I was not the first one in this morning -- one person was before me. After me was a woman from Texas (her name is apparently in dispute; it had been up on the Kansas City Star but isn't anymore) who was quite fidgety. Regina Dinwiddie showed up along with a woman identified as her mother. Cathy Ramey came in from Oregon. Jennifer McCoy was also there. In addition was a woman who was a friend of Dr. Tiller's (I spent a lot of time with her) and a local attorney who had attended a couple of hearings, also a friend of Dr. Tiller's.
From Judy Thomas's fairly detailed KC Star article:
About a half-dozen of Roeder's supporters attended Friday's session. Roeder glanced at them and smiled as he entered the courtroom. As the session began, the judge warned those in attendance not to cause any outbursts or distractions. During the session, one woman was admonished when she reacted with glee when a photo of Tiller's body was shown to jurors.
Cathy Ramey, a longtime anti-abortion activist from Oregon, said she came to Wichita to observe the trial.
"I'm here because I believe that God has a consistent standard of justice and whatever force is necessary to protect an innocent born person ought to be applied to an innocent unborn person as well," Ramey said. Regina Dinwiddie, a friend of Roeder's from Kansas City, showed reporters a petition that she had been taking around Wichita. It said, "We, the undersigned, declare the justice of taking all godly action necessary to defend innocent human life,. We proclaim that whatever force is legitimate to defend the life of a born child is legitimate to defend the life of an unborn child. We further declare that if Scott Roeder shot and killed George Tiller, Roeder's actions are morally justified if they were necessary for the purpose of defending innocent human life. Under these conditions, Scott Roeder should be acquitted of all charges."
Dinwiddie said she’d gathered about 100 signatures on her petition.
"The tide is turning,," she said.
The woman "with glee" was the one from Texas. In the afternoon, she was having some sort of laughing or crying fit (we couldn't figure it out).
As for the petition ... I had caught this in a Google Alert a couple of days ago but did not see that it happened in Wichita. Ramey wrote the update I had found. I don't know which Wal-Mart they went to, but she also told Thomas today that she had a much lower response rate when she went to QuikTrip (a regional gas station). Dinwiddie estimated 8% of Americans support killing of abortion providers. Even if that were anywhere near true, no matter how many people are fine with murder does not make it right. Lots of people were fine with lynching.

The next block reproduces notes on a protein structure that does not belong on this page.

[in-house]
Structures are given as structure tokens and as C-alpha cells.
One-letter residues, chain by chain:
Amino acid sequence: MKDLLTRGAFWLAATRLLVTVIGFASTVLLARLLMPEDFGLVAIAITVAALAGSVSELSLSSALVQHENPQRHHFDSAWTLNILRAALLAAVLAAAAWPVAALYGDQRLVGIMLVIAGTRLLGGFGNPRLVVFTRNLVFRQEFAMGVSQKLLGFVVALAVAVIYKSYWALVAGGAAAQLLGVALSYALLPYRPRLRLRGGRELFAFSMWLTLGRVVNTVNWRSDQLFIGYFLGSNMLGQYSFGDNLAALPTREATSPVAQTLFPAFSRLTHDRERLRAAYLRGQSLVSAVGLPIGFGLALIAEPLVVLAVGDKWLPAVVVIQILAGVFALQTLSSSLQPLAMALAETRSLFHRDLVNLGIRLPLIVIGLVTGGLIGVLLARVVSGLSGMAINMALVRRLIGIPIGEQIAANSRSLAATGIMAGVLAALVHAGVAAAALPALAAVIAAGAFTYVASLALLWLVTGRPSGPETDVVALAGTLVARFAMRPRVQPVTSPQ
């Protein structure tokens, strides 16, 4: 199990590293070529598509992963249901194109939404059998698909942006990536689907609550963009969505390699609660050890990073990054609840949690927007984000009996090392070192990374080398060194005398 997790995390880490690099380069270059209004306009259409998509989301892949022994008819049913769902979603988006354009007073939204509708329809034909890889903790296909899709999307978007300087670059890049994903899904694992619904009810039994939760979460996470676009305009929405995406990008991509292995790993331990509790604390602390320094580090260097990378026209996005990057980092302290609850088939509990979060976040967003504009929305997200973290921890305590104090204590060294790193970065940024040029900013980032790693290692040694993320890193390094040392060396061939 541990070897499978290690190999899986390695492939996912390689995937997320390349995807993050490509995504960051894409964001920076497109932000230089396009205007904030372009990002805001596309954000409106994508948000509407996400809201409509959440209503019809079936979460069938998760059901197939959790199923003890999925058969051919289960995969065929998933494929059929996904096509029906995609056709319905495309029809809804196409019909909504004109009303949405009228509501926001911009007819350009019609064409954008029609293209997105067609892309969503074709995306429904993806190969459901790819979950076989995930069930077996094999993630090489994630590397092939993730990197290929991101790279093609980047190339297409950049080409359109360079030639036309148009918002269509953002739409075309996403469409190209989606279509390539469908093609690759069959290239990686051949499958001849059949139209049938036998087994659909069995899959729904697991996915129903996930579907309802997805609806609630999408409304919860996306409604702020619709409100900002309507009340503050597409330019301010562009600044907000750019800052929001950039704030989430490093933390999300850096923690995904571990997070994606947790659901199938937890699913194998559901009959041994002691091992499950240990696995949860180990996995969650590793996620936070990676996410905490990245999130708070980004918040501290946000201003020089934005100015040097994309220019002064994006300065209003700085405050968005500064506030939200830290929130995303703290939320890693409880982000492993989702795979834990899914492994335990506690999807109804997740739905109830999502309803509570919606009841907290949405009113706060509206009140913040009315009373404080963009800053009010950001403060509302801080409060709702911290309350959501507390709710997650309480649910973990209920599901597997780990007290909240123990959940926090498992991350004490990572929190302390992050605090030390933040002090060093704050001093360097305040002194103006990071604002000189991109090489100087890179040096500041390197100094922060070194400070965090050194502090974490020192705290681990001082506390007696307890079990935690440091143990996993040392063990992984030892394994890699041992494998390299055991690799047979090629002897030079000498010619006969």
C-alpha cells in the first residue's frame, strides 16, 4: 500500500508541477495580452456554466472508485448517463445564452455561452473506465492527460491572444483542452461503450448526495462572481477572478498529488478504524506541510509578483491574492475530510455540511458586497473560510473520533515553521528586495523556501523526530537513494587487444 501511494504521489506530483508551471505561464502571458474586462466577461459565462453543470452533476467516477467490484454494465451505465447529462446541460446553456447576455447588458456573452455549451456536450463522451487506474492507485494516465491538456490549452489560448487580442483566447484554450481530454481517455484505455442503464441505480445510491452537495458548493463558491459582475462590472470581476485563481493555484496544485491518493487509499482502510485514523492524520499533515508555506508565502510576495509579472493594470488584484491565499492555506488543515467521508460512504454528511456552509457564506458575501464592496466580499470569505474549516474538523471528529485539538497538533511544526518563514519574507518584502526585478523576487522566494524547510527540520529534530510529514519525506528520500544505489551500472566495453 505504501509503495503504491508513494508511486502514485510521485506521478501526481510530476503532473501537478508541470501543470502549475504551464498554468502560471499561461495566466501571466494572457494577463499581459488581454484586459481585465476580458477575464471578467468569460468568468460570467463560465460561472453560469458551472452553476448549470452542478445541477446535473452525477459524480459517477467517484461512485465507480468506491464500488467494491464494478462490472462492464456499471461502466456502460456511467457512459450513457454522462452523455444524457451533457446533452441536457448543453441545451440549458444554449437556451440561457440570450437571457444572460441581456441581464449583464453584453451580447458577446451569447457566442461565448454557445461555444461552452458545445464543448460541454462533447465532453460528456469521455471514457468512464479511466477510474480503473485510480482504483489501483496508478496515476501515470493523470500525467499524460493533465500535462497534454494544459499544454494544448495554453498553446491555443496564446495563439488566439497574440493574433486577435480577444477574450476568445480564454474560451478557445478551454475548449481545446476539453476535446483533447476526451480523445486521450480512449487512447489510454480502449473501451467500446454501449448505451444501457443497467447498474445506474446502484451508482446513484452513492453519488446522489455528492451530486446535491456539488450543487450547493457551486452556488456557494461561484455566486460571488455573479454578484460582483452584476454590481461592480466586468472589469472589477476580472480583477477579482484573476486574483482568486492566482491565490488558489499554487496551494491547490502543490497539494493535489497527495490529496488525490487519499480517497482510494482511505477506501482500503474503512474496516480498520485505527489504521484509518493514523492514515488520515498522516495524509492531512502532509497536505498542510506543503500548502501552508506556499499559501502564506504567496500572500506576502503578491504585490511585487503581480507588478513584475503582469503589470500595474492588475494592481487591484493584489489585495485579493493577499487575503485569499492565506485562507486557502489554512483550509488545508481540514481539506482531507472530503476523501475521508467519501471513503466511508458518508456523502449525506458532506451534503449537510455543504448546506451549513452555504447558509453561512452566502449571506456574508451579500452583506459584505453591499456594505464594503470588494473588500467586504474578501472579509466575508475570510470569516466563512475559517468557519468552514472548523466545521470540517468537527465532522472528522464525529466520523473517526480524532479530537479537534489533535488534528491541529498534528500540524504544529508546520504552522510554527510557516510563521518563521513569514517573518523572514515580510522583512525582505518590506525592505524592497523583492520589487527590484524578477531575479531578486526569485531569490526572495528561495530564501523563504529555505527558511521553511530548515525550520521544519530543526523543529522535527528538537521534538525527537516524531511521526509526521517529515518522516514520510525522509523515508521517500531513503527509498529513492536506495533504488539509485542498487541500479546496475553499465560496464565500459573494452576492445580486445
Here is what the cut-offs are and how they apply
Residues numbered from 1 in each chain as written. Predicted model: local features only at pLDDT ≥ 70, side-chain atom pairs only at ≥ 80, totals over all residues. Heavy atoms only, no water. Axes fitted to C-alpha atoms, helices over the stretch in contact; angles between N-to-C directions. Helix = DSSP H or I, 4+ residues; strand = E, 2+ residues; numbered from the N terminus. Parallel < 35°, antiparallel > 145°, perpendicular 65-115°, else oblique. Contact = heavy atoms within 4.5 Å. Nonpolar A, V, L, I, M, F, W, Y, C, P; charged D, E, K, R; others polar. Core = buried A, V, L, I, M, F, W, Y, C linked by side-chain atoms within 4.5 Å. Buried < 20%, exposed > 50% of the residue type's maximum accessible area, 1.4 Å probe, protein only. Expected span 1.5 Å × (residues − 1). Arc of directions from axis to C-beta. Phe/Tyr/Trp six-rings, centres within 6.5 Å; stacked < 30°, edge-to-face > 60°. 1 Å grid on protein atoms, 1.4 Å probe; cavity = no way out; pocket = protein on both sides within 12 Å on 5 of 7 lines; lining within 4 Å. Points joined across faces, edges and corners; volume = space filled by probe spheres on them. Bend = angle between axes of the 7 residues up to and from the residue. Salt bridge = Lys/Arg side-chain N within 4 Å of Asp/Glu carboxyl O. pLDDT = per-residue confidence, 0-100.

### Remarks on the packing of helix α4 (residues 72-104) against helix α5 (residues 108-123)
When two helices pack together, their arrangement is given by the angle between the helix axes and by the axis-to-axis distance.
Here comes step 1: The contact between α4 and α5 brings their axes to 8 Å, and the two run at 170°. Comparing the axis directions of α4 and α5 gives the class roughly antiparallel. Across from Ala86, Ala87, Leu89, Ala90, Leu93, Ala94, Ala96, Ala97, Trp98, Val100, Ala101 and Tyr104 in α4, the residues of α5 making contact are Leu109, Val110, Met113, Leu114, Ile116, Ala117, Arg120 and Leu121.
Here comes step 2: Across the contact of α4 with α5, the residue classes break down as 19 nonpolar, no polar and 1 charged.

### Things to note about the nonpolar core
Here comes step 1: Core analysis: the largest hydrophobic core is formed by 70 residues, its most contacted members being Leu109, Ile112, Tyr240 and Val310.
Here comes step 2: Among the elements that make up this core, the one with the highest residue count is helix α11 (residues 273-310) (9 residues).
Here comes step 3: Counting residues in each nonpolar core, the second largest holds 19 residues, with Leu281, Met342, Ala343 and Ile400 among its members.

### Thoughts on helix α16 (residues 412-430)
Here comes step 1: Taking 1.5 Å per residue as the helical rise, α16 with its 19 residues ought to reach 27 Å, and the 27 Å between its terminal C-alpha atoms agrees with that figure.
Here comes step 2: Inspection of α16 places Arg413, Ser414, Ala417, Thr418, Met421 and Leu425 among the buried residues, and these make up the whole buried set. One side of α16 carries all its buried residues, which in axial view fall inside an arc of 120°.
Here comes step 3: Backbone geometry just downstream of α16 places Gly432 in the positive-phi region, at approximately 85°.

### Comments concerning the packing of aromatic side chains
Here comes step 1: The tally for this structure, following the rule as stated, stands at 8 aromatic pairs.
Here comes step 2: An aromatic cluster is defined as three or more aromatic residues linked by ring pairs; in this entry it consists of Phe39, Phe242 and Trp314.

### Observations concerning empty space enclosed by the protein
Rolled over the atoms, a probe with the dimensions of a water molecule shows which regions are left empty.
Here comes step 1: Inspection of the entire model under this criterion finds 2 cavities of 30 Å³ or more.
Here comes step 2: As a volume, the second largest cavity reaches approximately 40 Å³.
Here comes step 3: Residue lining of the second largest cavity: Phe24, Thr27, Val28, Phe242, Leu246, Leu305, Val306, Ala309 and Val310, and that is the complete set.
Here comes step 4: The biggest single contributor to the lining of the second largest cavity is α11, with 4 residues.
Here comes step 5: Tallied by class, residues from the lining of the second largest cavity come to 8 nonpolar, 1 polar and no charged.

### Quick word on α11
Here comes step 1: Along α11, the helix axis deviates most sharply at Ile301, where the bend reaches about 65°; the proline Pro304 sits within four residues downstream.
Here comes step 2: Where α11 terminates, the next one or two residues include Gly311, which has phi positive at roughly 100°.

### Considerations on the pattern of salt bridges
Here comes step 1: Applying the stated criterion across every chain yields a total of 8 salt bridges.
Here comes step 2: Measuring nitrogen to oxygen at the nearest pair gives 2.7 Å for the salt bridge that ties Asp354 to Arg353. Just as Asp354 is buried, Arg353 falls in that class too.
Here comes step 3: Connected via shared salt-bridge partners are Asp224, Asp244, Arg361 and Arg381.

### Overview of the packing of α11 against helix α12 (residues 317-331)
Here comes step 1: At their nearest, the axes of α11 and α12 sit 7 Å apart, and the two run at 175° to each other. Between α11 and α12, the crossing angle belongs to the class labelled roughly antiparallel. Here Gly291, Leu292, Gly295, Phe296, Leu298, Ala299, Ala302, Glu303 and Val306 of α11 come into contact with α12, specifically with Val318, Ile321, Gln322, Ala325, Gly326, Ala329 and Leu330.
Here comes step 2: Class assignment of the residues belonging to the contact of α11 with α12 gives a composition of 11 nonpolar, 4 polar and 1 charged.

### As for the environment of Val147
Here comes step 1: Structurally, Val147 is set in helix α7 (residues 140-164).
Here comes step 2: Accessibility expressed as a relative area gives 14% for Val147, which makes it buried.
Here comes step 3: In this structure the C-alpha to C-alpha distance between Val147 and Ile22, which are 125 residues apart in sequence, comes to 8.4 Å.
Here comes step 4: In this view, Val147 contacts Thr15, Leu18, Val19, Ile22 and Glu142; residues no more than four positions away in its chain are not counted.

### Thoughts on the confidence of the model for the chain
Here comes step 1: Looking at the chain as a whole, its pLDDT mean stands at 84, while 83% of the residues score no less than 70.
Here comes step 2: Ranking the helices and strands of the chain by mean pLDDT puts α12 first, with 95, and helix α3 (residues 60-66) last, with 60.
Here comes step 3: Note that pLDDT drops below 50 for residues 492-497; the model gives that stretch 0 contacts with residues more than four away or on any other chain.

Before the trial began, Dinwiddie wanted to see how far she could go before getting kicked out of the courtroom. She and Texas wanted to wanted to stand up when their "hero" came in. Seemed they wanted to cause a bit of a fuss. They were told they couldn't at all. Texas was disappointed (which I could tell because she was sitting next to me). We also saw the bomb-sniffing dog. Texas was all giddy. After I explained it's a bomb-sniffing dog, she complained that it's not fair that dog gets to be there but she can't bring hers. I tried to explain the dog is on duty, but that was wasted breath.
I found out Bray is "expected" in town next week, and Spitz is due in on the 31st. I didn't catch when Leach was suppose to be here. They told the media they hadn't planned any protests so far.
On a much happier note, over the lunch break we saw a young couple get married! We wished them well before the terrorists and terrorist sympathizers came back up. As the floor got more crowded, a gay couple introduced us to their newborn baby daughter, only 30 hours old when we met her. When we told them who was on the other side and who we were, they were glad they randomly picked to sit on our bench.
If you see something while reading these posts on the trial that you don't understand or think I should certainly be mentioning, please email us! These first few days are going to be quite strange for me. I'm still adjusting to all the national (and international) media attention on my hometown. It's surreal.